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What's New(s) in ESG: July 16, 2018

Dmitriy Ioselevich

Here are the top stories in ESG from the U.S., the EU and around the world.


Rise of Green Investing Triggers Rethink on Disclosure

  • As the market for environmental and social investing becomes more prominent, investors are rethinking how they assess the non-financial effects of the companies they back — a process set to swell the pool of green assets available. Funds with responsible investing strategies managed $22.9tn of assets in 2016, up 25 per cent in two years, according to the most recent data available from the Global Sustainable Investment Alliance. The proliferation of these funds has spurred a multiplicity of investing approaches — from a tickbox mentality to a more nuanced scrutiny of each investment opportunity. (Financial Times: read more)

New Hotel or Affordable Housing? Race Is On to Define ‘Opportunity Zones’

  • A new Marriott hotel in the Phoenix area might seem a world apart from an affordable-housing complex in the Watts neighborhood of Los Angeles. But both are poised to benefit from the new “opportunity zone” program created in last year’s federal tax overhaul, which gives tax breaks for investments in low-income neighborhoods. Real-estate developers, wealthy investors, nonprofit groups and local officials are among those racing to put their mark on the program, which has few restrictions. The first ventures are likely to shape the direction the program takes and whether it has lasting political support. Some investors are focused on reaping tax benefits from projects like the Phoenix area hotel. Other ventures, like the one under way in Watts, aim to use the tax break to provide housing and other benefits to residents of struggling communities. (The Wall Street Journal: read more)

Nearly Half of Advisors Still not Embracing ESG

  • Nearly half of all financial advisors in a recent survey remain skeptical about environmental, social and governance (ESG) investing, putting a damper on the enthusiasm growing amongst distributors’ home office teams and asset managers. Despite burgeoning product development from asset managers, and surveys indicating investor interest, many advisors still aren’t using ESG investments with clients. For many advisors this may be due to doubts about the effects of ESG on investment performance, a recent survey from Cerulli Associates suggests. (FundFire: read more)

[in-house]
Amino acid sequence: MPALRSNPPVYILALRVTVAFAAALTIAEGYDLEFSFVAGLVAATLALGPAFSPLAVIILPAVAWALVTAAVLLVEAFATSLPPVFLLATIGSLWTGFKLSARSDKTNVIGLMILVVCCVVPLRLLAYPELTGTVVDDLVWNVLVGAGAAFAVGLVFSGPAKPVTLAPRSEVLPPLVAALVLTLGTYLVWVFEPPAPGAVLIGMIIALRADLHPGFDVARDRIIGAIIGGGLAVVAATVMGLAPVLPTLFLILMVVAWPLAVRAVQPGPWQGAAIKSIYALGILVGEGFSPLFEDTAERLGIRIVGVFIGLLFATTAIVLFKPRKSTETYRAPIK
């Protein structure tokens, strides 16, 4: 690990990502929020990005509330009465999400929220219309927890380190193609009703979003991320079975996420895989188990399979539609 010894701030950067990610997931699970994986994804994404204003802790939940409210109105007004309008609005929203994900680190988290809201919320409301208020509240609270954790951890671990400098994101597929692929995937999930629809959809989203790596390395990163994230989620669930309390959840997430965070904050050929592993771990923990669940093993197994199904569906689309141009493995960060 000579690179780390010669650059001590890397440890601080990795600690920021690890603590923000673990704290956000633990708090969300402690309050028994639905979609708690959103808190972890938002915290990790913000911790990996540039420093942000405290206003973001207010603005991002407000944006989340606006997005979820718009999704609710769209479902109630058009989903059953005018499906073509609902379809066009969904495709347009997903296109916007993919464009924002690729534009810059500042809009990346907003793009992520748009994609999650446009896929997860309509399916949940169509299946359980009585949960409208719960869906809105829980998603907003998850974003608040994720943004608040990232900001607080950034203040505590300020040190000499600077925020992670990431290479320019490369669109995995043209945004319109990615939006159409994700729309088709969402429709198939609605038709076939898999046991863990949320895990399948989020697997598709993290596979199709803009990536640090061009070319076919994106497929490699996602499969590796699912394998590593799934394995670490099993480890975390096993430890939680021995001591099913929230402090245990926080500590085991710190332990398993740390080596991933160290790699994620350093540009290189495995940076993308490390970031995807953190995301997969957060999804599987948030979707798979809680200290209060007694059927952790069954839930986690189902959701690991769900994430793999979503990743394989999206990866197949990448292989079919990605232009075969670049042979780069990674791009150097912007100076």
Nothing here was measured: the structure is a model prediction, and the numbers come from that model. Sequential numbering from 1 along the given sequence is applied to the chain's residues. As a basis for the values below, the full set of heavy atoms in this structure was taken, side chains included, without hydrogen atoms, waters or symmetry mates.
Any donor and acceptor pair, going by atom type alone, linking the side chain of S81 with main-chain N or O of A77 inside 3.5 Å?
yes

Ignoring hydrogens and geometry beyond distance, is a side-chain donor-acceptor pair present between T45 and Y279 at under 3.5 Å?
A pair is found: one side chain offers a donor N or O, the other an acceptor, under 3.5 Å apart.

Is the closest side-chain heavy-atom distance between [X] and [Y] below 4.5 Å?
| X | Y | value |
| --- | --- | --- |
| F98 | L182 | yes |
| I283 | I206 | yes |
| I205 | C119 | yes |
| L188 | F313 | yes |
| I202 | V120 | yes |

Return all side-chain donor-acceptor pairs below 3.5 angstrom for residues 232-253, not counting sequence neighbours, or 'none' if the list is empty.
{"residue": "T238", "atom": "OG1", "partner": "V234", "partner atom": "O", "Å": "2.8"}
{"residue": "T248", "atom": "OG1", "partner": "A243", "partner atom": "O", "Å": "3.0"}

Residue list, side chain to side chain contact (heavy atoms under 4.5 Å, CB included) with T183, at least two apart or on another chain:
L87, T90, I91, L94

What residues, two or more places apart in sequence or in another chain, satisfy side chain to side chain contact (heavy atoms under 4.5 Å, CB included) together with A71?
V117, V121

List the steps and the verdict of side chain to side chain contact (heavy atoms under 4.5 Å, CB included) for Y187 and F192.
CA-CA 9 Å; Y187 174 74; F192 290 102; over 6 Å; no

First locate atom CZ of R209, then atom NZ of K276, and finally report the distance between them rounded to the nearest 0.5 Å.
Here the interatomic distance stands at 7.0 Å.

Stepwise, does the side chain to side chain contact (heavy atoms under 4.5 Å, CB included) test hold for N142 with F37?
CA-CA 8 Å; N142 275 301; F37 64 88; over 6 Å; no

Social Equity Investing: Righting Institutional Wrongs

  • In this paper we review the current state of social equity in the United States, highlight eight core social equity issue areas, and discuss the lessons we’ve learned in constructing portfolios with these investments. We define social equity investing as investments to promote equal opportunity and access for all, regardless of background, but we understand that many investors have different definitions. While investors need to be mindful of risks, we believe that investments can be made to promote a social equity impact agenda across the portfolio (Globe Newswire: read more, Cambridge Associates: read more)

Banks Pivot Toward Greener Finance in Climate Action Push

  • Some of Europe’s largest banks are unveiling plans to lend and manage money in greener ways as pressure mounts to account for risks associated with climate change….Financial institutions are beginning to get on board with the global fight against climate change, a movement that was until recently the territory of non-profit organizations and environmentalists. Natixis, UBS Group AG and ING Groep NV are among lenders unveiling large-scale environmental finance and investing initiatives as central banks and regulators step up their warnings on climate risk. (Bloomberg: read more)